What happened next was ultra-interesting to see and confirms what John has been saying for a long time now.

Soft 404 Warnings in GSC
It wasn’t long after the migrations went live before the first warnings started showing up. GSC was sending warnings for a spike in soft 404s based on each migration that implemented redirects to less relevant pages.

GSC Message About Soft 404s

And with Google treating those pages as 404s, rankings and traffic began to drop quickly for the older pages that were now being redirected to less relevant pages. So the morale of the story is that you won’t be tricking Google anytime soon with 301 redirects to less-relevant pages. This is important to know for any website that will be changing urls, going through a redesign, or CMS migration.

If you want to retain strong rankings and traffic from Google, make sure you have a one to one mapping from the old url to the new url. If you don’t, and Google sees the new destination pages as less-relevant (or non-relevant), then they could end up as soft 404s. And if that happens, say goodbye to your strong rankings and traffic.

But again, this makes sense for users. If someone is searching for “x category” and you redirect them to “z category”, which isn’t really the best content based on their query, then can you blame Google for treating the old page as a soft 404? I would find that user experience very frustrating, and many others would too.

How To Handle Redirects When URLs Change:
The best solution, and the one I mentioned earlier, is to use a one to one mapping for any important older urls on the site. For example, if you have an important category page that’s ranking well, driving traffic, has built powerful links, etc., then you should absolutely redirect that url to the equivalent url on the new site (via a 301 redirect).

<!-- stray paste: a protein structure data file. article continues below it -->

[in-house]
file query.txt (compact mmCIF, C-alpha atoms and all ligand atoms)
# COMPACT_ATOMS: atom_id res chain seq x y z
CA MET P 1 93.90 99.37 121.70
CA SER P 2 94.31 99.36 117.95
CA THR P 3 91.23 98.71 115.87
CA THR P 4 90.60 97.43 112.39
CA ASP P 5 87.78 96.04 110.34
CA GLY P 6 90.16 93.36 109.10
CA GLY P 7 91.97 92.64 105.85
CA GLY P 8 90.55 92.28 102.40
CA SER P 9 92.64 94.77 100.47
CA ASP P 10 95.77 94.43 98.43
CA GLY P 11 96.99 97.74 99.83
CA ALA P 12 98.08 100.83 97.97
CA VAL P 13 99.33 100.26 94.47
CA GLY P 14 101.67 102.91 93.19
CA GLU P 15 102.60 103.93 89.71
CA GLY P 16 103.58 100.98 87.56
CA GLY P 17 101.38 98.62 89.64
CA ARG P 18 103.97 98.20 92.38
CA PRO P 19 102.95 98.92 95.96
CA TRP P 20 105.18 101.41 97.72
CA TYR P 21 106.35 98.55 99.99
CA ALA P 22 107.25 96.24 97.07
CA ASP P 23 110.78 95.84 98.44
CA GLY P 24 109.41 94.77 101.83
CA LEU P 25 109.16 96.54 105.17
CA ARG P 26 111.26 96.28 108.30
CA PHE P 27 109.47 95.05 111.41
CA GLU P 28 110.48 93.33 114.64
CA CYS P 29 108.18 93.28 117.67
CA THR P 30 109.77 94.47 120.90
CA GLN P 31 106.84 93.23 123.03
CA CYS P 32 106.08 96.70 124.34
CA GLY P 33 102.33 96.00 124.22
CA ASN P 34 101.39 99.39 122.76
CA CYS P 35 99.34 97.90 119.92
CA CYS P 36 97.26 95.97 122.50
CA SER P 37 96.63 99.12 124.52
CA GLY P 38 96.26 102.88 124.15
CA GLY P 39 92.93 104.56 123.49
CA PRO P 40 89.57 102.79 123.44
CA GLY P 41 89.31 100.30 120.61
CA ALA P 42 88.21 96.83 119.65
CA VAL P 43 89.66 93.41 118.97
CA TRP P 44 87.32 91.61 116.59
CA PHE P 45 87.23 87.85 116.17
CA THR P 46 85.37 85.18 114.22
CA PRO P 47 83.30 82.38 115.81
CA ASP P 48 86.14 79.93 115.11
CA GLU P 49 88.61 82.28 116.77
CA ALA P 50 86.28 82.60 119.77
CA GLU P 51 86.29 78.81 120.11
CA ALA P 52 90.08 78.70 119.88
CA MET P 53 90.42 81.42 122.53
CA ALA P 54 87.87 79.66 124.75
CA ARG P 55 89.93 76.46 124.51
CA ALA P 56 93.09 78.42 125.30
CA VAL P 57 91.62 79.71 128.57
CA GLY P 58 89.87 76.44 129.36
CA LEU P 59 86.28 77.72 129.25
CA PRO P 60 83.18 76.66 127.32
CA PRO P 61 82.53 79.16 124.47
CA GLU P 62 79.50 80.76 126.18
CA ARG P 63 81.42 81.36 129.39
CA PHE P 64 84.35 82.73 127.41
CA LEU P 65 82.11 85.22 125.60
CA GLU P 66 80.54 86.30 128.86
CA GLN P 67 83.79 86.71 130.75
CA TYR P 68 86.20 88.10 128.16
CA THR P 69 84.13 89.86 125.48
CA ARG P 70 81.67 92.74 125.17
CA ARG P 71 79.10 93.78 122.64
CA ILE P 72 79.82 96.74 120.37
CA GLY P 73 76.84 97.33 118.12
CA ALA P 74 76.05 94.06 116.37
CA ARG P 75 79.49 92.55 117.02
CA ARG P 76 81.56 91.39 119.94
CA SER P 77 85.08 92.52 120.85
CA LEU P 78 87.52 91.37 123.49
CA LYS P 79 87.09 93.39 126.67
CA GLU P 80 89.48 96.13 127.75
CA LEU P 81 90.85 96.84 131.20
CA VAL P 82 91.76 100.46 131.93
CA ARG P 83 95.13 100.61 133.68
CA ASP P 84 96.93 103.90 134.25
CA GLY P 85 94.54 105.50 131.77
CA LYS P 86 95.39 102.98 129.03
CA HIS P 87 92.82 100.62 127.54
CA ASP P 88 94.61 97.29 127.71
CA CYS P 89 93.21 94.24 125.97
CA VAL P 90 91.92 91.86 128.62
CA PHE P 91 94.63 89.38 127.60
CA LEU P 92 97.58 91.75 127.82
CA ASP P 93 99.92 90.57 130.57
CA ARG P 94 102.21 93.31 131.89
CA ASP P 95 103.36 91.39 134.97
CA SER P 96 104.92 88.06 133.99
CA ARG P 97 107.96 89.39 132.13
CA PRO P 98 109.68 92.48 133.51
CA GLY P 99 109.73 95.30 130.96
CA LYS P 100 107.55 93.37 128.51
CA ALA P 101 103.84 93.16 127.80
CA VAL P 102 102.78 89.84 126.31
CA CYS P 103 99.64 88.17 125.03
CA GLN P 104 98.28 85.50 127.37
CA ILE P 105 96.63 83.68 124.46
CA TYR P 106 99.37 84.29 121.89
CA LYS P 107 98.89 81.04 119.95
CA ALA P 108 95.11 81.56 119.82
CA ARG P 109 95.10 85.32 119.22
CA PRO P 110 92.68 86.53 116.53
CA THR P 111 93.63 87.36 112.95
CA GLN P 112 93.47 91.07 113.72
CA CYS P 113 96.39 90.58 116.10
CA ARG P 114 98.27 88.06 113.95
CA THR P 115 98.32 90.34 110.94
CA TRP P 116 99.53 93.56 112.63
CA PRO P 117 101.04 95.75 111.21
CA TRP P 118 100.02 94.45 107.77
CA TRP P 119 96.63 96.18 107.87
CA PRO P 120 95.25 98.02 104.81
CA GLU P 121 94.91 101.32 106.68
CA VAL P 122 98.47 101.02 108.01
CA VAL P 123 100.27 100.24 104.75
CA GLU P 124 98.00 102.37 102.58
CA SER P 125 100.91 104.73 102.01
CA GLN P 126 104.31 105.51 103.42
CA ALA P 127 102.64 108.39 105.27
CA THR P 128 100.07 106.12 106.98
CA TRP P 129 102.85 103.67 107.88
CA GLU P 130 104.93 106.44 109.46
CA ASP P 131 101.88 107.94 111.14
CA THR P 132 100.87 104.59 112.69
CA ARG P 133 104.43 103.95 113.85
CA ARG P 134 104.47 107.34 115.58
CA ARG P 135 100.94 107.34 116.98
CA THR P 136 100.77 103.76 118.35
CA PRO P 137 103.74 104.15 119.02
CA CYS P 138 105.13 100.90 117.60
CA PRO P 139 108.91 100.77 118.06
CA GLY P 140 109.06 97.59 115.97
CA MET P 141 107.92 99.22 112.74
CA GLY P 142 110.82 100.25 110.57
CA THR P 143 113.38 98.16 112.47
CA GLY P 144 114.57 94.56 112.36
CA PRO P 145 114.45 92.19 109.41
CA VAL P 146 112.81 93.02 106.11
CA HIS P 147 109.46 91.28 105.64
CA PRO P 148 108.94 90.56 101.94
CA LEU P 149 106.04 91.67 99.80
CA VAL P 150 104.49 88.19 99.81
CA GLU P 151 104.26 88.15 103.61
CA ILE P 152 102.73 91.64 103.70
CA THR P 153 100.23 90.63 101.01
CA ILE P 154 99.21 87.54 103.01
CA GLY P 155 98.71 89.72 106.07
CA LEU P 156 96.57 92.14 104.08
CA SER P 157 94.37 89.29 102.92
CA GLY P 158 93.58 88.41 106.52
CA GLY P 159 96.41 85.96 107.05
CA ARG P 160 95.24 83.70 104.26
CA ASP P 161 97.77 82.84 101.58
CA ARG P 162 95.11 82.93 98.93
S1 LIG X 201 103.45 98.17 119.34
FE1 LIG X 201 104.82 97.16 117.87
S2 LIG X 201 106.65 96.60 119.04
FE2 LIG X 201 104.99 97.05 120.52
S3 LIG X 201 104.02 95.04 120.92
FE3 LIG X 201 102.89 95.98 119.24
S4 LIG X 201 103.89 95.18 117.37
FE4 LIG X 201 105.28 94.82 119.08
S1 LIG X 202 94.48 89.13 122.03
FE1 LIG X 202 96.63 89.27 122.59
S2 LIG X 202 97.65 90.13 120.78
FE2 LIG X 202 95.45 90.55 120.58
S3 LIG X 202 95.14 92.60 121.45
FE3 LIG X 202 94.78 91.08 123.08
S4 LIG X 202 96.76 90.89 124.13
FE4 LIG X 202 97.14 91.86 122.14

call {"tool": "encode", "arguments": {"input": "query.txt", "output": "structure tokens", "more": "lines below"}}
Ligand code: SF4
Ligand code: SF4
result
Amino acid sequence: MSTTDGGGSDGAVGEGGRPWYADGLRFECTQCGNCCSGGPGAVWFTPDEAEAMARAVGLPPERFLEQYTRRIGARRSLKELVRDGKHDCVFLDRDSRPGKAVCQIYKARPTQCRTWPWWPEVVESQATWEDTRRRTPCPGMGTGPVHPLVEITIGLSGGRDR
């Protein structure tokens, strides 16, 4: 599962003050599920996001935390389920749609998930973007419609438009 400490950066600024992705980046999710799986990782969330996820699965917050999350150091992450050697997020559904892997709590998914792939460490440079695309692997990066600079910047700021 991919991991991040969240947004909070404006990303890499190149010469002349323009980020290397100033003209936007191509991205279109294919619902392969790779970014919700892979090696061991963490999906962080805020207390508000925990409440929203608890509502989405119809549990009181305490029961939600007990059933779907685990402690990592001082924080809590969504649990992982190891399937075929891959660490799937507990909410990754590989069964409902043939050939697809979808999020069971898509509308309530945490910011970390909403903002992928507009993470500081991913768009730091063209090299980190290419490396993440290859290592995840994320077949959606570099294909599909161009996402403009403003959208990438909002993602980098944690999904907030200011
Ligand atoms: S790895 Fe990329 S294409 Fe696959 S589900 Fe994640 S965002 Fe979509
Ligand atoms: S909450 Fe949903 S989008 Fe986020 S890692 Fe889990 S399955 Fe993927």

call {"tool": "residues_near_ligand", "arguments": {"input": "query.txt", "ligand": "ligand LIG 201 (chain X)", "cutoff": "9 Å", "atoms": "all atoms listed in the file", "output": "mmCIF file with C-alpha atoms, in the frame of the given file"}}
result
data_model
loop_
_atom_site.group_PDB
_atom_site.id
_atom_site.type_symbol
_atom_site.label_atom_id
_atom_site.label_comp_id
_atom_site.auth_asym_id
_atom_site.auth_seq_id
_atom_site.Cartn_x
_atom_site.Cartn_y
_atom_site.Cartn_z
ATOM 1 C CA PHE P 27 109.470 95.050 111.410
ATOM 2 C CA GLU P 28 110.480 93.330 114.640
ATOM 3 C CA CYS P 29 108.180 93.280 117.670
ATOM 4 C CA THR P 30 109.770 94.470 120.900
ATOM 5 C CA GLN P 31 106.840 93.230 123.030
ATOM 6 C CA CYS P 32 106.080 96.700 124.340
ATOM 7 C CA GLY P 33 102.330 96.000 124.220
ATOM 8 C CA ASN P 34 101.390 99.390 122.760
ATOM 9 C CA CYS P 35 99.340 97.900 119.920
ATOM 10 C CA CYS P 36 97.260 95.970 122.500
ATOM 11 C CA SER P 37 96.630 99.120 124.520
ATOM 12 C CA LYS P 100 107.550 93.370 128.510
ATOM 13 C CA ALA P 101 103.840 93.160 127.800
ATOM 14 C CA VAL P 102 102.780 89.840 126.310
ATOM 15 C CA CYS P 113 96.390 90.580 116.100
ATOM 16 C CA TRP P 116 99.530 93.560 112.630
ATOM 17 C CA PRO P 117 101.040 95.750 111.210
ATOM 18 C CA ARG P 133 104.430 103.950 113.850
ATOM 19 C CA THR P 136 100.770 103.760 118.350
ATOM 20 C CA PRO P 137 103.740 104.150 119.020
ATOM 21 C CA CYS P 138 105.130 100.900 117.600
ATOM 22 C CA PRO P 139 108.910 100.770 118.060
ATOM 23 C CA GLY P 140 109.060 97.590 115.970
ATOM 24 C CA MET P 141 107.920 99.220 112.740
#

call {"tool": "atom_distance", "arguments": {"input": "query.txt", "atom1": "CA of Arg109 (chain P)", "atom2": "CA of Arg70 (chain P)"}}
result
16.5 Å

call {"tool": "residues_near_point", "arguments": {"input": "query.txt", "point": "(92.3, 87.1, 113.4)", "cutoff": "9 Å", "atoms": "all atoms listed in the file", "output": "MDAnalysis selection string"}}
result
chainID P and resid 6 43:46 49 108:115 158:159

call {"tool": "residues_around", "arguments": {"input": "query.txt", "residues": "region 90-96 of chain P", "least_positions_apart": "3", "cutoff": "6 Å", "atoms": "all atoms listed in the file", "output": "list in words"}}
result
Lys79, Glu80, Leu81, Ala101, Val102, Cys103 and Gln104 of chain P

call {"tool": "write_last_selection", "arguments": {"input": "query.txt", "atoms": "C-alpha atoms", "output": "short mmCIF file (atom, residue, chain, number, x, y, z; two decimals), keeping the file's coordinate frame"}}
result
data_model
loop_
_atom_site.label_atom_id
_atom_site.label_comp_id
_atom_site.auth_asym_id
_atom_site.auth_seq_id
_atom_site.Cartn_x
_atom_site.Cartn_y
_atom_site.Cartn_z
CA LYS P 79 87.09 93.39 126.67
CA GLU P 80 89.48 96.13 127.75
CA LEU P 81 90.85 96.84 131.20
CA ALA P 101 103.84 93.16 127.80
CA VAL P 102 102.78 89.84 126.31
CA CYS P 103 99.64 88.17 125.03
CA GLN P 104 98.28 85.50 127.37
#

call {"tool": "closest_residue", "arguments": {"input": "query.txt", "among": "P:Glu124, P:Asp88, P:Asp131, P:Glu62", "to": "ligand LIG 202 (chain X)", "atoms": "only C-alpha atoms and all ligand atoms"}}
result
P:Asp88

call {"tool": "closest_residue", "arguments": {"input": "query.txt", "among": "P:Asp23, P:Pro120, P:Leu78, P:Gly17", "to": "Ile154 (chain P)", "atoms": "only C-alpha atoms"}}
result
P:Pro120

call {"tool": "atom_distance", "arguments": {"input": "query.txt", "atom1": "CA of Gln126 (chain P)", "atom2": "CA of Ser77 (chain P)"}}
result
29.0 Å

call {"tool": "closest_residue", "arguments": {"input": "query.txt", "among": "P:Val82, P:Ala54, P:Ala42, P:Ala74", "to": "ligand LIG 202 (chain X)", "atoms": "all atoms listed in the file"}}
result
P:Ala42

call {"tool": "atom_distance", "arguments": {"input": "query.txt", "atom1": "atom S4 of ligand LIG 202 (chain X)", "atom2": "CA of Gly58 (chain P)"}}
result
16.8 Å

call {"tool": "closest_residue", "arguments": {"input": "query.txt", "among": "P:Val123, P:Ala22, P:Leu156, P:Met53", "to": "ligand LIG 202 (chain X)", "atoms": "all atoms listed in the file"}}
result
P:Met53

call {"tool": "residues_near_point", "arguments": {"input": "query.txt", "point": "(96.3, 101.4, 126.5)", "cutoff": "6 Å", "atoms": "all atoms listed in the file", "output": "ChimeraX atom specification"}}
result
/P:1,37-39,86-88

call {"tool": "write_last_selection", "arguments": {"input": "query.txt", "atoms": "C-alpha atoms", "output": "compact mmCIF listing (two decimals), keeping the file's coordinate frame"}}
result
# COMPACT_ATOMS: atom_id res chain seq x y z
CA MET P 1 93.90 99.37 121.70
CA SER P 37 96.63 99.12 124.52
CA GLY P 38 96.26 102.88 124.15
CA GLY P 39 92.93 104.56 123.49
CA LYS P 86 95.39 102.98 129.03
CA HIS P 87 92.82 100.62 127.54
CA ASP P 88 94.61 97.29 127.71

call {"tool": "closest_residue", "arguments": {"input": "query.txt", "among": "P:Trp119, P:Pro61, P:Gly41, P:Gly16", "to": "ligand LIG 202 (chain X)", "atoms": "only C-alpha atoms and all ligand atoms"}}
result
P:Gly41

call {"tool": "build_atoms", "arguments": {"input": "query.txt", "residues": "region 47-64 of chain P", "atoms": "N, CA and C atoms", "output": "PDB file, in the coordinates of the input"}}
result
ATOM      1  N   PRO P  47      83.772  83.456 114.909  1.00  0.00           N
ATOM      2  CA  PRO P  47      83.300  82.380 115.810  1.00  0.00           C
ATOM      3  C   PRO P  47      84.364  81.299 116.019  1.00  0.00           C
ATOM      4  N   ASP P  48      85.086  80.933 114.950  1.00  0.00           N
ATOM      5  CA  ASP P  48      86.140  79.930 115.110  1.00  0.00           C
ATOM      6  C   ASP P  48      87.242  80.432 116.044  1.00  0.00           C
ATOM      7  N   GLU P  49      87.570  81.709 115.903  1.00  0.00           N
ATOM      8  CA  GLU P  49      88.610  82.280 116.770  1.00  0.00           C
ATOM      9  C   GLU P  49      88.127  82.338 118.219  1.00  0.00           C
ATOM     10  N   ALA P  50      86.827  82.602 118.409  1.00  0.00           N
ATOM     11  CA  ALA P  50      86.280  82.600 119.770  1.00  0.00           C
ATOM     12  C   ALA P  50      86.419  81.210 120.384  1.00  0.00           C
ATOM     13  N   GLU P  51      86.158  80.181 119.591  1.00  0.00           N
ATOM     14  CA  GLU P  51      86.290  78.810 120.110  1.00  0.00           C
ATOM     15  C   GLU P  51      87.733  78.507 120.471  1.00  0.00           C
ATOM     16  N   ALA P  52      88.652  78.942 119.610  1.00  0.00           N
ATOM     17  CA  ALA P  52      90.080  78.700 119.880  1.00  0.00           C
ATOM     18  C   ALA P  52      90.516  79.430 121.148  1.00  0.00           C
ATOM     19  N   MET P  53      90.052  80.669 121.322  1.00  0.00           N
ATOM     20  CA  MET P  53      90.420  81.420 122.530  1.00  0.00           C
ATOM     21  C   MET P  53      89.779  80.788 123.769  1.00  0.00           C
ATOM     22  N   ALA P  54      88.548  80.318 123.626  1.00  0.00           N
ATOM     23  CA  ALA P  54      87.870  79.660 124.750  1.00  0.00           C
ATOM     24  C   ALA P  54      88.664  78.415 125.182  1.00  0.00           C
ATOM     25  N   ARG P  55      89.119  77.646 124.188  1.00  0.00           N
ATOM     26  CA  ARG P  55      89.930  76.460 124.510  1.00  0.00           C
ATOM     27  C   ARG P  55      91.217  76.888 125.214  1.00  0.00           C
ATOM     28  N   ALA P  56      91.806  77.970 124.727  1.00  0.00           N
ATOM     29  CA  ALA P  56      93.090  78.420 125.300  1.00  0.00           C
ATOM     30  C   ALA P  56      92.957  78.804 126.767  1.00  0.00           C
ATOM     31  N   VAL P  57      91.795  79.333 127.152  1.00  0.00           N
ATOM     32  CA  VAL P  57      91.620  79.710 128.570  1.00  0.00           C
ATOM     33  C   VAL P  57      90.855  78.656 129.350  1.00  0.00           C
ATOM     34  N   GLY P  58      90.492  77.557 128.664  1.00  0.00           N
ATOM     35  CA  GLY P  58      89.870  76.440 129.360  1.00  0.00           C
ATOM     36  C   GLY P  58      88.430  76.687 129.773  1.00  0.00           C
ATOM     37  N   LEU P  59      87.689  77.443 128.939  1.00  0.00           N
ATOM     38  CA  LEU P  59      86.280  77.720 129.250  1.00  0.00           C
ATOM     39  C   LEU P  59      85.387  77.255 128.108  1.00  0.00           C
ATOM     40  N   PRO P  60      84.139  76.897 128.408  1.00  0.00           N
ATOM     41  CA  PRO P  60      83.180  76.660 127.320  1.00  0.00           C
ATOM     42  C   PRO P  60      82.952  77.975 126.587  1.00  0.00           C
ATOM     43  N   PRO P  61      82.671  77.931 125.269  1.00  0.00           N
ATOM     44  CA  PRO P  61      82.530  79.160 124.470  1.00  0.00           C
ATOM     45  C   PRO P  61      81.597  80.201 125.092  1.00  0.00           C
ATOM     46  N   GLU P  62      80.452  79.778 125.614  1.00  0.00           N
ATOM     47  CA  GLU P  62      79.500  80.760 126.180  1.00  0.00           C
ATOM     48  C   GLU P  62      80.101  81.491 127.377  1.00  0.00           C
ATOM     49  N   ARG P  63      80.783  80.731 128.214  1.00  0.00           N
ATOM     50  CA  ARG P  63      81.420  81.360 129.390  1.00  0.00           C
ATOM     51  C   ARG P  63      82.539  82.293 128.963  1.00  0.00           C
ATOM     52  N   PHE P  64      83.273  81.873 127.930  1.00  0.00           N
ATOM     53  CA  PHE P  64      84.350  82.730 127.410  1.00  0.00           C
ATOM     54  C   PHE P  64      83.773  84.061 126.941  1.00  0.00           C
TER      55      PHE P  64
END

Don’t simply 301 to a less relevant category, or to the homepage. If you do, there’s a good chance Google will understand that and treat the urls as soft 404s. And then you’ll lose rankings and traffic anyway!

If for some reason you don’t have a one to one mapping, and you can’t create a new page closely tied to the older content, then just 404 the page. It’s completely natural to have 404s from time to time. When you 404 the old page, Google will remove the url from its index, users will see your custom 404 page, and you won’t falsely believe that you can retain the signals from the old page.

As John explained in the webmaster hangout video, just make sure your custom 404 provides enough value for users. For example, providing helpful information and links based on the page that has been removed. Basically help them find more, and better, information on your site!

An example of a helpful 404 page:

Example of a solid 404 page from

But to be clear, 404s should be a last-case scenario, especially with pages that are ranking well, driving traffic, and have built powerful links. If possible, make sure all of your top landing pages have a home on the new site. Then your strong rankings can remain, traffic from organic search and referring sites will remain, search equity will remain (based on links pointing to that content), etc. It’s only in situations where you absolutely cannot have an equivalent page on the new site that you should 404 the page.

Note, to download your top landing pages you can follow my tutorials for using Analytics Edge to seamlessly download those urls from Google Analytics and Google Search Console. Using Analytics Edge, you won’t run into the 5K limit per download in GA or the 1K download limit in GSC. So you can download ALL of your landing pages. :)

Summary – You Probably Won’t Trick Google With 301 Redirects To Less Relevant Pages
To wrap up, Googlebot is pretty smart when it comes to redirects to less relevant pages. John Mueller has explained several times that redirects to less relevant pages (or the homepage) can be treated as soft 404s. That means Google will essentially treat those pages as traditional 404s and eventually remove them from the index.

So make sure that you account for your top landing pages correctly when changing urls, migrating to a new CMS, or redesigning your site. There’s a good chance you won’t trick Google with a 301 redirect to less relevant pages. You might just receive a fresh message from GSC about soft 404s. :)